Transit, Rachel Cusk, 2016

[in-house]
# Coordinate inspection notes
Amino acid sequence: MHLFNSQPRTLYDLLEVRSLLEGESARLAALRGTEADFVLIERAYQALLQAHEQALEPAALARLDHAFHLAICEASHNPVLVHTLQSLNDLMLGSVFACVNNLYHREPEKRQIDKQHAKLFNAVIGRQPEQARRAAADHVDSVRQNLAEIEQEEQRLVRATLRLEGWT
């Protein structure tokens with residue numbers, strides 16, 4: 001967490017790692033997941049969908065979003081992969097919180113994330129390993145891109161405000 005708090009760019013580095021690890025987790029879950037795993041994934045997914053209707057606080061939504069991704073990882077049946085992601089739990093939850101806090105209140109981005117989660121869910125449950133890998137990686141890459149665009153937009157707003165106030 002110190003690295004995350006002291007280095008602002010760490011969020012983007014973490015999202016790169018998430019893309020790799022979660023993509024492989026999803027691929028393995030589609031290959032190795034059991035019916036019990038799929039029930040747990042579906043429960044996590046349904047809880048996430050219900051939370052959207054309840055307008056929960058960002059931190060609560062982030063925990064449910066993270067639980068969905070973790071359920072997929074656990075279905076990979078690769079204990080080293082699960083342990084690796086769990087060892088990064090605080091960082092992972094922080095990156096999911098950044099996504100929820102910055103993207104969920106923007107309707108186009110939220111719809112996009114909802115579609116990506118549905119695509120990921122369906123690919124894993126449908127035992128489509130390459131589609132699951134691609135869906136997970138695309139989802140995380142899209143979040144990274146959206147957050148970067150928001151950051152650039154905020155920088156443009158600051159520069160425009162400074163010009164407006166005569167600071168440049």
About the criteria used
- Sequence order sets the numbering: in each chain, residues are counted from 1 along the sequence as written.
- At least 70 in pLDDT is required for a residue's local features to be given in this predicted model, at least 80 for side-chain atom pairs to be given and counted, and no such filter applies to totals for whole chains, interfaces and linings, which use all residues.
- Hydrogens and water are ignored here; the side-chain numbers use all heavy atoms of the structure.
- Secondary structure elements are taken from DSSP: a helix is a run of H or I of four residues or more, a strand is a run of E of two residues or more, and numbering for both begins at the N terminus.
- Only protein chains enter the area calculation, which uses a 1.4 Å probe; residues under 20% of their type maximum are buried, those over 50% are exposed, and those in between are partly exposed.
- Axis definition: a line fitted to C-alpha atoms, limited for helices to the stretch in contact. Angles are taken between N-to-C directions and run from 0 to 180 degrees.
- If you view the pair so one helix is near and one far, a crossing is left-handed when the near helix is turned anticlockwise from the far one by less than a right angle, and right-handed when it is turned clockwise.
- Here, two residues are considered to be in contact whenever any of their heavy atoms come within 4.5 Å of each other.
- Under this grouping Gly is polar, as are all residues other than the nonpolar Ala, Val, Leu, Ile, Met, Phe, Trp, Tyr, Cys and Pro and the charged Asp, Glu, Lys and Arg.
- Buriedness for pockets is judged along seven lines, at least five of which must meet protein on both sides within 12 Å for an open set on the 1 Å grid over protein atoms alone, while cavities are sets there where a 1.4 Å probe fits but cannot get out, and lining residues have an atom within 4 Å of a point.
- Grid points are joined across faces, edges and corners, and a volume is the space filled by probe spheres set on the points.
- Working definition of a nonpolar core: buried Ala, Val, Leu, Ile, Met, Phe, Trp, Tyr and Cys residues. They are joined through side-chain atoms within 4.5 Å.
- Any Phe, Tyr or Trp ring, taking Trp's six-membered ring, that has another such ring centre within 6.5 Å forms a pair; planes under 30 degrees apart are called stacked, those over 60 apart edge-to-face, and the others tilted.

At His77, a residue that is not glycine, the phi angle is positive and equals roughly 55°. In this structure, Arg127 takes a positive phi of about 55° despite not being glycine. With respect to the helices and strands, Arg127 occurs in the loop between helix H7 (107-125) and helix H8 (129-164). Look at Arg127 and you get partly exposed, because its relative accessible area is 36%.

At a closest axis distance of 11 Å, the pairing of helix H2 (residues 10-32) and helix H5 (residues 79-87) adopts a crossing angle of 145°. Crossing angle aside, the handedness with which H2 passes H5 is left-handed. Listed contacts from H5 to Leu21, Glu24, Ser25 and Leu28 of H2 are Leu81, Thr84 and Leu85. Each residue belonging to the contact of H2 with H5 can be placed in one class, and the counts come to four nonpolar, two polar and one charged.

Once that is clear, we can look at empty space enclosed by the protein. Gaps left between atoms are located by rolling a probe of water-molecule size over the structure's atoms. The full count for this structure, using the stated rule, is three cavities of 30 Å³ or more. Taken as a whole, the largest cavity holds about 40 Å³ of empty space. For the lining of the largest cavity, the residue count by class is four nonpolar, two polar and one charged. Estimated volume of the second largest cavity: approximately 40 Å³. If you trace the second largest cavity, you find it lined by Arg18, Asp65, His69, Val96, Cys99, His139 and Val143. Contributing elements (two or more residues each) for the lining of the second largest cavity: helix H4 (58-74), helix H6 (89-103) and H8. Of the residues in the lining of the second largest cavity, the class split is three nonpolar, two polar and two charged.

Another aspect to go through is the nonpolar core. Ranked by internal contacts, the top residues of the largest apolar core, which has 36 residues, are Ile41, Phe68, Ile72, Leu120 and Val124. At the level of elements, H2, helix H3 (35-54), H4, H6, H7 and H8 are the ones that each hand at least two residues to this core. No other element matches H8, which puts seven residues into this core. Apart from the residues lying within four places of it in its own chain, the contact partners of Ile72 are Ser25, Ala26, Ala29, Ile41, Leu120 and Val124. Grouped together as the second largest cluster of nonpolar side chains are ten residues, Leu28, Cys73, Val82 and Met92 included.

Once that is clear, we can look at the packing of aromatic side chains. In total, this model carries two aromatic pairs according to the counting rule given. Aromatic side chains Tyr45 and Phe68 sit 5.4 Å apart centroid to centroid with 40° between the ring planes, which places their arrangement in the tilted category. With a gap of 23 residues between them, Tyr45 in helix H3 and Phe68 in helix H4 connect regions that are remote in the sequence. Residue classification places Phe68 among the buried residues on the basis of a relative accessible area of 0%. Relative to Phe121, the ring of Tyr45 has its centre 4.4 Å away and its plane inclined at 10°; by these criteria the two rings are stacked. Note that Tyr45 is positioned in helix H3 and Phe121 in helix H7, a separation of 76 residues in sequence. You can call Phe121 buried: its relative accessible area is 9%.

Drawn to this book by a New Yorker piece about ‘rudeness’ by Cusk sent to me by Genie Shields.  There’s no question that this woman writes beautifully, hauntingly, and with a marvelous ability to choose words and form them into phrases.  It’s also clear that this is not your grandmother’s novel.  Lacking chapter numbers or headings (though evidently divided into chapters), comprising long paragraphs with a minimum of punctuation, and other modern techniques (e.g. the primary character and her children are never named!), the novel’s greatest details are about characters that transiently (?transit) cross our character’s path.  We know she is a writer, a divorcee, a mother of two boys, a speaker at writer’s conferences and book festivals, a buyer and fixer upper of a council-sold house in London, a friend of some interesting people, but we never get far into her head, her plans, her hopes, her thoughts.  Fate and the course of a lifetime are repeated themes.  Still unsure what to make of this book other than that there are some beautiful passages.